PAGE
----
LAHORE, Pakistan Islamist militants launched coordinated assaults on three police compounds in Pakistan’s second largest city Thursday, the latest in a wave of attacks by insurgents bringing the war to the country’s heartland ahead of an expected offensive against their Afghan border sanctuary.
The dramatic escalation in violence appears to be an attempt by the Taliban- and al-Qaida-led insurgency to seize the initiative from the army and deliver a warning to the U.S.-backed civilian government: Attack us in South Waziristan and we will fight back in your cities.
It also discredits Pakistani claims that the Taliban were on the ropes after this year’s military campaign in the Swat Valley and the killing of their leader, Baitullah Mehsud, in a U.S. airstrike in August.
The United States wants Pakistan’s army to launch the operation in South Waziristan to root out militants who use the remote mountainous region as a base for attacks in Afghanistan, where the American war effort is faltering amid spiraling violence eight years after the invasion.
Thursday’s assaults in Lahore added to a sense of crisis in this nuclear-armed country, now shaken by five major attacks by the Islamic extremists in the last 10 days that have killed more than 150 people — including a 22-hour siege of army headquarters over the weekend.
At least 19 people were killed in the Lahore attacks, most of them security officers, along with nine heavily armed attackers.
Gunmen in all three attacks carried dried fruit and apparently were preparing to dig in for a long siege, said Rana Sanaullah, the provincial law minister.
“We are here to lay down our lives for Islam. Jihad will continue,” two attackers shouted before blowing themselves up, according to one police officer. Most of the militants detonated suicide belts after they were injured or cornered to avoid capture, witnesses said.
One of the targets in Lahore was a training center for an elite police unit tasked with fighting militants. Many of the trainers there had received instruction from U.S. law enforcement officials under a little-publicized State Department program, officials said.
Suspicion fell on the Pakistani Taliban but it made no public claim of responsibility. Geo TV reported on its Web site that that group had confessed, but did not attribute the information.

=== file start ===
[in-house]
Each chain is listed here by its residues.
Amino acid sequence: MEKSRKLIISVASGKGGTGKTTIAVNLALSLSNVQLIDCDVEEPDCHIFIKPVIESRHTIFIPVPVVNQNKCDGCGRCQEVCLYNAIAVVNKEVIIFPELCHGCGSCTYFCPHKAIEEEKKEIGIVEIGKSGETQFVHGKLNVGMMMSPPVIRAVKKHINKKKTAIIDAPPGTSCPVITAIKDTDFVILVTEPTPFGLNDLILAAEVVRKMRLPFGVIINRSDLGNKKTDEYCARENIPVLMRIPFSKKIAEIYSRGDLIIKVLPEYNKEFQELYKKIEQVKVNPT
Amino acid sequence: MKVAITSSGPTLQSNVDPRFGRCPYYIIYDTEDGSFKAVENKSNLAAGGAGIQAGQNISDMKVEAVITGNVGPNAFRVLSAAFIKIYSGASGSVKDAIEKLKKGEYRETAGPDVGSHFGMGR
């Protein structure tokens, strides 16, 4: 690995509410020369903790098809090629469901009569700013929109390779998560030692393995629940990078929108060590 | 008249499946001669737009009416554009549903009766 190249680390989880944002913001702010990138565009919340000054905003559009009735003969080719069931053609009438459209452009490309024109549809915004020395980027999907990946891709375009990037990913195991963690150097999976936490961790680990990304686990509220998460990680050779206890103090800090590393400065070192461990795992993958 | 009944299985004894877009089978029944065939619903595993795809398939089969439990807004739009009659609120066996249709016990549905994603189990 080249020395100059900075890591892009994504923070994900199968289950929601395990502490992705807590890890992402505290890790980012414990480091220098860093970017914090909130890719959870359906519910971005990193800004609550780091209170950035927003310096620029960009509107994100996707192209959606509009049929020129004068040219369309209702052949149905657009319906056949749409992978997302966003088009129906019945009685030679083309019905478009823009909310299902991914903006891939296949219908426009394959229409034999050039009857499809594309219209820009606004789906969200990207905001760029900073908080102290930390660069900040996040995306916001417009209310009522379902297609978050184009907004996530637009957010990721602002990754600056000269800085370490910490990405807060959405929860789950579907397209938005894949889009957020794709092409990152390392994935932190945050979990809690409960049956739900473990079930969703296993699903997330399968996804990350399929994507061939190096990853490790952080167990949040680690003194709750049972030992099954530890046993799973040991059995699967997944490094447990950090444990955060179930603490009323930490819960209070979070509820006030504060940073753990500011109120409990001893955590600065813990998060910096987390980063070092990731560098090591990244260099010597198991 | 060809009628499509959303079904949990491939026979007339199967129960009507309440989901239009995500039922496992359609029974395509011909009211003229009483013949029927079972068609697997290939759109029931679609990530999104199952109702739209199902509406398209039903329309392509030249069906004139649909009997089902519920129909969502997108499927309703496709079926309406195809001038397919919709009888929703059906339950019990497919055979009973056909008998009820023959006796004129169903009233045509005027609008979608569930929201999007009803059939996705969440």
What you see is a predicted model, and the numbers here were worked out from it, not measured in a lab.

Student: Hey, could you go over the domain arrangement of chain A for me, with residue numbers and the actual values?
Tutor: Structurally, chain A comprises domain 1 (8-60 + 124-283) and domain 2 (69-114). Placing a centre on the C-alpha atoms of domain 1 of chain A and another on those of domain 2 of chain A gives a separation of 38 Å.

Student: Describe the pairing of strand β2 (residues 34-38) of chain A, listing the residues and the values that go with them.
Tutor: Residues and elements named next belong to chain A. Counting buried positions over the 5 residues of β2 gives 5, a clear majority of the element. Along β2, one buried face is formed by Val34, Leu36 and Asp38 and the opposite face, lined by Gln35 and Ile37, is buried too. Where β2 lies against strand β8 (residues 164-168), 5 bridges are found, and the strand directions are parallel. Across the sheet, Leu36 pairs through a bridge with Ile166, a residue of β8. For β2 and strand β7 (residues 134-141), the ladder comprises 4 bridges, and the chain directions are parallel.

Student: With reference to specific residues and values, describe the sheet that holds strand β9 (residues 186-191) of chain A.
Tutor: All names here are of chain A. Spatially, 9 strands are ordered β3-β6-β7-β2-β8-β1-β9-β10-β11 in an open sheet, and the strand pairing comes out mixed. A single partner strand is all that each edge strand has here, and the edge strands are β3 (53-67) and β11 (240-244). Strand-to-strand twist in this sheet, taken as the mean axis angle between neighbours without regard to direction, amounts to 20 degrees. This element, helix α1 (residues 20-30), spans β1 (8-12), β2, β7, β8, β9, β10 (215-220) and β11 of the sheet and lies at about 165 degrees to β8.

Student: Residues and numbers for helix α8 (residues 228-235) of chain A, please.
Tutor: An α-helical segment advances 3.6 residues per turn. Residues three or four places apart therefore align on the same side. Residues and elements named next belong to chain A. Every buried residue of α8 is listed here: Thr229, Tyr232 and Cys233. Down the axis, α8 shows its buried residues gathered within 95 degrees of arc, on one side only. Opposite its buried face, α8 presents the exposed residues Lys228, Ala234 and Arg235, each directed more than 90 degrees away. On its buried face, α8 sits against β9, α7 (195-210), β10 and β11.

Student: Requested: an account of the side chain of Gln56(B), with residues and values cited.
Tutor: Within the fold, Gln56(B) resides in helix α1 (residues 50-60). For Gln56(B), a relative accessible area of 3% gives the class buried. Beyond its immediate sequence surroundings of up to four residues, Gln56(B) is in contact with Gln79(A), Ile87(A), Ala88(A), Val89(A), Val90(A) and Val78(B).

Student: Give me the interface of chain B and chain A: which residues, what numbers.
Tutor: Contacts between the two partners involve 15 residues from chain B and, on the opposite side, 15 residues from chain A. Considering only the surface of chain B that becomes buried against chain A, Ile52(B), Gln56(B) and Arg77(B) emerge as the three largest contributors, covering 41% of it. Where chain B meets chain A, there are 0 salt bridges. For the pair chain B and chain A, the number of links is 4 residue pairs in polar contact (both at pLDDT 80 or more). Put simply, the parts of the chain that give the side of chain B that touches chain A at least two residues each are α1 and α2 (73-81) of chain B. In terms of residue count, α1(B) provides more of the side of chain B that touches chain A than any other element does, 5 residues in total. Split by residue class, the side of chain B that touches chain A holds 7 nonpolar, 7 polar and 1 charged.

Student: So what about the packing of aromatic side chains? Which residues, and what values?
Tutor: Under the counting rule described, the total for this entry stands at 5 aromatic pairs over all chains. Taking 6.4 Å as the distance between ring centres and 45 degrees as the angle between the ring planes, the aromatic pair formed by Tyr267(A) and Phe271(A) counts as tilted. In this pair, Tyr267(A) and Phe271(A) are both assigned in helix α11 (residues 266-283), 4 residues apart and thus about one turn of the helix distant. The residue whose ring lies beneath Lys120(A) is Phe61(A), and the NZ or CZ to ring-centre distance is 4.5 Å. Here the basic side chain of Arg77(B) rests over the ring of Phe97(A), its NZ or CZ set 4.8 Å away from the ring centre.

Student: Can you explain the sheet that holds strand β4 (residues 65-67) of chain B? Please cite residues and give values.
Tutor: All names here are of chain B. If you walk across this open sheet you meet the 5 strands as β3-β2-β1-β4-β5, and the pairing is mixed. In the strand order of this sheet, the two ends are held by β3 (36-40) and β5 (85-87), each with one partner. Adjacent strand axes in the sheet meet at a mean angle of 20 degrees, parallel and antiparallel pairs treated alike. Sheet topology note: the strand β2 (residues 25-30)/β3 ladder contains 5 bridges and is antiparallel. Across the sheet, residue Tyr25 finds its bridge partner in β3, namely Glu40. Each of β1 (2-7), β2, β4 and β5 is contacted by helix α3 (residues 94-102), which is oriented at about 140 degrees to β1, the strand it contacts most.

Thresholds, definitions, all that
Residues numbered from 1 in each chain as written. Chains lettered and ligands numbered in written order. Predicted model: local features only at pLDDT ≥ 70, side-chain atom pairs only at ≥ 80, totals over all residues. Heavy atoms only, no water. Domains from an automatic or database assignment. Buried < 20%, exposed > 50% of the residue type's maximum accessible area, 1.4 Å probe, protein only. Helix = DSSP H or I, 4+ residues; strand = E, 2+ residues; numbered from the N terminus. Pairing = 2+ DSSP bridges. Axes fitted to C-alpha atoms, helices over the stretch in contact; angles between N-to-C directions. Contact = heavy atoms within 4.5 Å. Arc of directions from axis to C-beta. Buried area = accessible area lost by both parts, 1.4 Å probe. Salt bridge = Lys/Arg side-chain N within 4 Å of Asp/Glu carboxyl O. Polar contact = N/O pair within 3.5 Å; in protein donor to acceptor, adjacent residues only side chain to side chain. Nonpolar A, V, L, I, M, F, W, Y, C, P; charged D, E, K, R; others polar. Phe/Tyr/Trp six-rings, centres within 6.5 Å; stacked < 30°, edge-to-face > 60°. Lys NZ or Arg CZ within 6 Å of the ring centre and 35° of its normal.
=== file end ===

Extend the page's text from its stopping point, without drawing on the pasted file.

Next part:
Two officials said initial investigations showed Taliban from the Afghan border region and militants from the Punjab province were responsible. Such a link would be further evidence of increased coordination among militant groups, posing a new threat to the government.
“This was a well-coordinated Taliban operation supported by local groups,” Umer Virk, the head of the Lahore anti-terrorist police, told The Associated Press. He said two of the militants appeared to be Uzbeks.
Militants have now struck Lahore four times this year, including previous attacks on two of the compounds targeted Thursday.
Lahore, some 350 miles from South Waziristan, is a bustling city known for its liberal arts scene. The city is home to many of the Pakistan’s political and military elite and is the capital of Pakistan’s most populated province, Punjab.
The assaults began about 9 a.m. when a gunman wearing civilian clothes and a suicide vest burst into the offices of the Federal Investigation Agency, the national law enforcement body, and began shooting, Sanaullah said. The attacker killed two men and four civilians, but was slain by guards before he could detonate his explosives.
Soon after, four gunmen raided a police training school on the outskirts of the city, killing 11 officers and recruits before police killed all the attackers.
A third team then scaled the back wall of a police commando training center near the airport. The attackers stood on the roof of a house, shooting at security forces and throwing grenades, said Lt. Gen. Shafqat Ahmad, the top military officer in Lahore.
The four assailants were killed, along with a police officer and a civilian, Sanaullah said.
Virk said officers seized 27 unexploded hand grenades, 50 pounds of explosives and one light machine gun.
Security officials said most of the gunmen were wearing suicide vests and blew themselves up when cornered.
“They were not here to live. They were here to die,” said government official Sajjad Bhutta. “Each time they were injured, they blew themselves up,” he said. “They were well trained to the extent they could jump over the walls and shoot well.”
The attacks may have been timed partly to take advantage of a rift between the government and the army over a $7.5 billion U.S. aid package intended to symbolize U.S. support for the country’s democratic transition after years of military rule, as well as its anti-terror fight.
The army and opposition politicians say conditions attached to some of the military assistance constitute American meddling and threaten Pakistan’s sovereignty. The Pakistani government and the U.S. deny this.